Peas are characterised by a high crude protein content of approx. 23% and a starch content of 41%. Other important properties in animal nutrition are the amino acid composition and the content of antinutritive substances. Peas are rich in lysine but low in methionine, which makes a combination with rapeseed meal a good way of achieving optimum amino acid levels in a ration. In addition to breeding suitable varieties, the reduction of antinutritive substances is achieved by fermentation (ensiling) or heat treatment (toasting), which can increase the digestibility of peas.

Futtererbsenbestand in der Hülsenentwicklung
Fodder pea crop during pod development (Source: SeedForward GmbH)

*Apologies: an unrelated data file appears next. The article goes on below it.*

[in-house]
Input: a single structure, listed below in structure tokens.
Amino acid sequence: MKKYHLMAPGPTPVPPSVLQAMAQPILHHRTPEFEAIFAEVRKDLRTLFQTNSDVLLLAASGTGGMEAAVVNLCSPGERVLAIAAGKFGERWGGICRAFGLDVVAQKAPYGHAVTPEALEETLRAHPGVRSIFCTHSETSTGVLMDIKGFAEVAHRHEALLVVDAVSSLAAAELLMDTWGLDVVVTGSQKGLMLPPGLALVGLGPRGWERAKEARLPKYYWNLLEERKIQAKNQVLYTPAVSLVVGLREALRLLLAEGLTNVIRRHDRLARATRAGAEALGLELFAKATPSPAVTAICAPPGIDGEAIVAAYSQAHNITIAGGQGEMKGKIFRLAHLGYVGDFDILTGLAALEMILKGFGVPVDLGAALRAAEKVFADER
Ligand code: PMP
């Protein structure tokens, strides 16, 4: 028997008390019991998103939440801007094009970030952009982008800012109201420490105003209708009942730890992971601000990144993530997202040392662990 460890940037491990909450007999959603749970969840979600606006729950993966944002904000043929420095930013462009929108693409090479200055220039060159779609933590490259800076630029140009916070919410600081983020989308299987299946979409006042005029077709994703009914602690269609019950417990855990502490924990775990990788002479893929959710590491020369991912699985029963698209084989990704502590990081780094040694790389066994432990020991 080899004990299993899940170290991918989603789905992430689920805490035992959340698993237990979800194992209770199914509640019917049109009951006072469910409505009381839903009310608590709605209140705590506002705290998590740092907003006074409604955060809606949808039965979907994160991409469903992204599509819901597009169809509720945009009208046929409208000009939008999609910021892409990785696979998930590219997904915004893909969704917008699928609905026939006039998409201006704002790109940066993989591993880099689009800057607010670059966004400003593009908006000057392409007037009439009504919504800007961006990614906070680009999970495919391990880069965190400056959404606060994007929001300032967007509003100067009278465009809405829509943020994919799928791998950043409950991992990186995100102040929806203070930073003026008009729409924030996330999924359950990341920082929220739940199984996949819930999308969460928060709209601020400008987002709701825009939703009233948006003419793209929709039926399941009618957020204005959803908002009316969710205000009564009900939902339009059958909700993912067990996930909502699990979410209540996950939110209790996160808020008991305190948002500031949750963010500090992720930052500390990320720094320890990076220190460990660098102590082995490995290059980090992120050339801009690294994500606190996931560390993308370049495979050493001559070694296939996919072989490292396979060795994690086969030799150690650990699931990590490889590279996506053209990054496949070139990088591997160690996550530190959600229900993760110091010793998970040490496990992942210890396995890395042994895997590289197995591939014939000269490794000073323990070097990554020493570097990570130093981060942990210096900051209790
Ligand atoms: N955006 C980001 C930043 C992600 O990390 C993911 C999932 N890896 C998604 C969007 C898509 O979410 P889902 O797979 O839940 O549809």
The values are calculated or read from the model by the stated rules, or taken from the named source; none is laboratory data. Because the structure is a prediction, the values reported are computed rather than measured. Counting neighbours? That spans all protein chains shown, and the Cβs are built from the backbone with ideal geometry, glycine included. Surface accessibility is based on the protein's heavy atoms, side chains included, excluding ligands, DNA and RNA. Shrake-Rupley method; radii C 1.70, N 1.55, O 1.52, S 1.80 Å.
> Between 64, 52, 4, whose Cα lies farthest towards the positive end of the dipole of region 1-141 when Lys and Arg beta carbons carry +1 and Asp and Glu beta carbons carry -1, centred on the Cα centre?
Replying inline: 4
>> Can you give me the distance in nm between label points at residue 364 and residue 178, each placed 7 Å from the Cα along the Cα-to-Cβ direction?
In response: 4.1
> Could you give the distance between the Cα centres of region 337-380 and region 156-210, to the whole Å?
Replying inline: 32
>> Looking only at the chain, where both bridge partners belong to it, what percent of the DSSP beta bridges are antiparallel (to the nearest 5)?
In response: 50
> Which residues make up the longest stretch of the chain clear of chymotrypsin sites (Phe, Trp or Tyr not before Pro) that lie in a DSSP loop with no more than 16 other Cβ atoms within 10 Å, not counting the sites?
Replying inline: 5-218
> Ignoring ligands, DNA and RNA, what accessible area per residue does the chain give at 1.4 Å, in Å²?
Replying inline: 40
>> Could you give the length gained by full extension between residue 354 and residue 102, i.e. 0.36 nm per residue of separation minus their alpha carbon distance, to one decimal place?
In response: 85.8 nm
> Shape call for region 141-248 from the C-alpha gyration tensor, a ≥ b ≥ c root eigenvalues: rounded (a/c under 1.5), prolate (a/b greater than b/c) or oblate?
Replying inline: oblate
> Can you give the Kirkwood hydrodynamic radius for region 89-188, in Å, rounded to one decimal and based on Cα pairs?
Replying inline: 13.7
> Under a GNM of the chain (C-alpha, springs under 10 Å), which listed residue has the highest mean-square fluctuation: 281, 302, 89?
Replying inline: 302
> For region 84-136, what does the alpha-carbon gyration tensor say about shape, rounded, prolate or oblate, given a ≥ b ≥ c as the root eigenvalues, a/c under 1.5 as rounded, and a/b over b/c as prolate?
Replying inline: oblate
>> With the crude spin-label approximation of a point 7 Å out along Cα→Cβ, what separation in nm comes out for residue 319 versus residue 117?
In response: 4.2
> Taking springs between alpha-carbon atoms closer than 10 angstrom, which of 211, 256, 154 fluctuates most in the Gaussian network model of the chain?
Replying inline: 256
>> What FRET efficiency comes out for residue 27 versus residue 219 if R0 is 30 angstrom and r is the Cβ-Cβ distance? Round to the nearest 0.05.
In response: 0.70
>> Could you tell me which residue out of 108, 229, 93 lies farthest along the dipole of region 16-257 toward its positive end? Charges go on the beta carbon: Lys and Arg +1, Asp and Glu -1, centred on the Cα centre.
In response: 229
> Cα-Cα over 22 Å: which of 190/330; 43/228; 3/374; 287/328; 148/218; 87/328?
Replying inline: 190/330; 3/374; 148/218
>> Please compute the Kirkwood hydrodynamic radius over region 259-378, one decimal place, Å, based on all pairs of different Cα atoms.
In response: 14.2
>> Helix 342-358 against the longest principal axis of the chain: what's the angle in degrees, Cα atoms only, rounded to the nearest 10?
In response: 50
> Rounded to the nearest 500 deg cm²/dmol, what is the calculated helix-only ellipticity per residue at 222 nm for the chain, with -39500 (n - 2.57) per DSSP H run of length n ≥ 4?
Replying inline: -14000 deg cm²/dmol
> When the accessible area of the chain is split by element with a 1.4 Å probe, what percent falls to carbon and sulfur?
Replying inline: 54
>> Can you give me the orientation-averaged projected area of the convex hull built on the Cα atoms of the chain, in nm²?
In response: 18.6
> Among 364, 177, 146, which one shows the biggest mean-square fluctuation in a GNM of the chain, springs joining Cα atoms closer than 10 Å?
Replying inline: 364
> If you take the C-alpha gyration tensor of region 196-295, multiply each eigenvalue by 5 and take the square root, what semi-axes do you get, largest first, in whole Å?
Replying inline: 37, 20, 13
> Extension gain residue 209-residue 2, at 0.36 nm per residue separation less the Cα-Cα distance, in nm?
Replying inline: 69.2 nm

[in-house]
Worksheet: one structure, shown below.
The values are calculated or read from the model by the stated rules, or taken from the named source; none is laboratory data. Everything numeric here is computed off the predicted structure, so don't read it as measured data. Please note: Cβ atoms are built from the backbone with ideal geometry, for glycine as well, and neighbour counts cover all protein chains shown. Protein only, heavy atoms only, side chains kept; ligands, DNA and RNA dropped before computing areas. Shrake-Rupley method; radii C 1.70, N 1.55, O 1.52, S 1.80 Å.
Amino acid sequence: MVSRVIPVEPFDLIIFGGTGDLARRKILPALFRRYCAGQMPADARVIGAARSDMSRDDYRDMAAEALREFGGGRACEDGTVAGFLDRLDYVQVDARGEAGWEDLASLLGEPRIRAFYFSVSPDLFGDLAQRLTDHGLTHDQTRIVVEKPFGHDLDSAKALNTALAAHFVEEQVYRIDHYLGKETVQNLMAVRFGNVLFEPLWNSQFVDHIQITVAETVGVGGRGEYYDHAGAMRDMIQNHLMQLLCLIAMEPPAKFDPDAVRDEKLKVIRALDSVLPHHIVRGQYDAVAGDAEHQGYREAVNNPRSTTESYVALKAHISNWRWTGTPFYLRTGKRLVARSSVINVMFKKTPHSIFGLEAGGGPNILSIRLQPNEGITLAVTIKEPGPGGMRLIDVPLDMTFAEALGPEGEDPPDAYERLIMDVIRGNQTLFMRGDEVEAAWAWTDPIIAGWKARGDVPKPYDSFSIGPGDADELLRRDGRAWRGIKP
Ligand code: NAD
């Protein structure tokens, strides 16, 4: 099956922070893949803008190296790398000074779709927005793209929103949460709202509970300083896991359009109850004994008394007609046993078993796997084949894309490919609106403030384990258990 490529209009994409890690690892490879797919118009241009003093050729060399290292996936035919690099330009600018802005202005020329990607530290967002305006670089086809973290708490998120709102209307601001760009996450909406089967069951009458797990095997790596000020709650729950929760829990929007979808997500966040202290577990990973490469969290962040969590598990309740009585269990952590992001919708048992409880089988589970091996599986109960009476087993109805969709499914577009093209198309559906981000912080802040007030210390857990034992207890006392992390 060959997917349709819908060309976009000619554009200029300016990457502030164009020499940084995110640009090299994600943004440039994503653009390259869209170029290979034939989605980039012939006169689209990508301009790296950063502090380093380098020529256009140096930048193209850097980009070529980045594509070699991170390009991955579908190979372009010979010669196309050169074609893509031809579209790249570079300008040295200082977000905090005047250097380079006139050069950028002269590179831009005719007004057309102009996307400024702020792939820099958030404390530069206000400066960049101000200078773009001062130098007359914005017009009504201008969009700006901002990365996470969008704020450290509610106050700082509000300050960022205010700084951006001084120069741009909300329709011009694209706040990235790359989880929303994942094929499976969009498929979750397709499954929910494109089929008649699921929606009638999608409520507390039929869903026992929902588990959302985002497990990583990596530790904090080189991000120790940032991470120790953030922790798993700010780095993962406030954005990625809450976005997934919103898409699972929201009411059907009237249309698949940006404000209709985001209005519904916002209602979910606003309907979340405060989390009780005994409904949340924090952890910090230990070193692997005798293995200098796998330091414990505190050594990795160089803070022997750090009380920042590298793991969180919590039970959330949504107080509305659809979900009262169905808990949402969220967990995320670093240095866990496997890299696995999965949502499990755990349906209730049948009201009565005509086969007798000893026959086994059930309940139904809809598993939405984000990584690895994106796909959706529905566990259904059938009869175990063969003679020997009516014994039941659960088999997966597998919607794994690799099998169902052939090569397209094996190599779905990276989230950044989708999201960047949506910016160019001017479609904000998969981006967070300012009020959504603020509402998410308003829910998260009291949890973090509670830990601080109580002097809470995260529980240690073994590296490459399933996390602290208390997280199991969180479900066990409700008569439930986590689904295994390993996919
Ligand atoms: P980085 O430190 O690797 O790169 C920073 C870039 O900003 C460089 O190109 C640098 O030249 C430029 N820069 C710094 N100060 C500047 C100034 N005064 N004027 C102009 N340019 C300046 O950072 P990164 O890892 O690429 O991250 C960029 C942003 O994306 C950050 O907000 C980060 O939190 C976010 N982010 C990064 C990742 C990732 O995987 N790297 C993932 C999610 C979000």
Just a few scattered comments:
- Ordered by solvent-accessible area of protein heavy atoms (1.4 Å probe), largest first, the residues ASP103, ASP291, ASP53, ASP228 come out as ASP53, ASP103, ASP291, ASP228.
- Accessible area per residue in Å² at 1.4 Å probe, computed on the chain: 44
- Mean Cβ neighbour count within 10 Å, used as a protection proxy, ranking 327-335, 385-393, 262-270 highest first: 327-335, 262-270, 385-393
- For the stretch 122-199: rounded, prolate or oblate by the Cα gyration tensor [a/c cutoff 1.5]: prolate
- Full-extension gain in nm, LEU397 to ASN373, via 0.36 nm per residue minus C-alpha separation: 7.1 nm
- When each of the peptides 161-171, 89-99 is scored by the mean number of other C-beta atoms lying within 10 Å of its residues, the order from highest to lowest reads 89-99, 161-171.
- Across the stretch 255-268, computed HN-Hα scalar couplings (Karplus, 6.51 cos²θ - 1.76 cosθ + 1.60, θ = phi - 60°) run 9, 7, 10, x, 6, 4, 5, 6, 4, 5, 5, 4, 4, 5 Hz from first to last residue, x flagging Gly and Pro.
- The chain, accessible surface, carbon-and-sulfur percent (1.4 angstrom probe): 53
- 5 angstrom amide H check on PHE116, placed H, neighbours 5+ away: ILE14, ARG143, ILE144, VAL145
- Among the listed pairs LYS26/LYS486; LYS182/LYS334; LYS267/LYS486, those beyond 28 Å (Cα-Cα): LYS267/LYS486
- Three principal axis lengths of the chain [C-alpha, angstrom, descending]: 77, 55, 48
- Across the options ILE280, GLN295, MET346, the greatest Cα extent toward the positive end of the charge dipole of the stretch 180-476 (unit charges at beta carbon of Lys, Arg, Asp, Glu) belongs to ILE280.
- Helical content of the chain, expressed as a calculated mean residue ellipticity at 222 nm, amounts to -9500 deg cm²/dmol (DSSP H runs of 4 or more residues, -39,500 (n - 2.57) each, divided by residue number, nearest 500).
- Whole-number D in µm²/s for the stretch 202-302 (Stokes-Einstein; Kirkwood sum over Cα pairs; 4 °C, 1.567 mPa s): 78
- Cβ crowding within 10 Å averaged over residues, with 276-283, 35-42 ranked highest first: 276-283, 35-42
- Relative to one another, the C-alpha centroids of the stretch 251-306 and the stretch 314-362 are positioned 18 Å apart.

Creating ideal conditions for stable yields with LEGUGUARD

With the LEGUGUARD seed treatment, the initial stage of the vegetation period can be optimally utilised thanks to reliable germination and a 6% increase in vigour. By specifically promoting the nodule bacteria, the N-fixing capacity can be increased, enabling high protein yields to be achieved. Increased root mass (+ 20%) and an enlarged root surface ensure more efficient development and utilisation of resources such as water and immobile nutrients. LEGUGUARD therefore creates the best conditions for guaranteed yield stability (+ 5% additional yield).

Convince yourself now!

Find out more about the mode of action and yield results.

Average values based on 10 plot trials in the period 2020 - 2022, compared to the check without LEGUGUARD, depending on seed, soil and environmental factors. As of: 04/2023

Source: F. X. Maidl; F. X. Haunz; A. Panse; G. Fischbeck (1996). Transfer of Grain Legume Nitrogen within a Crop Rotation Containing Winter Wheat and Winter Barley., 176(1), 47–57. doi:10.1111/j.1439-037x.1996.tb00445.x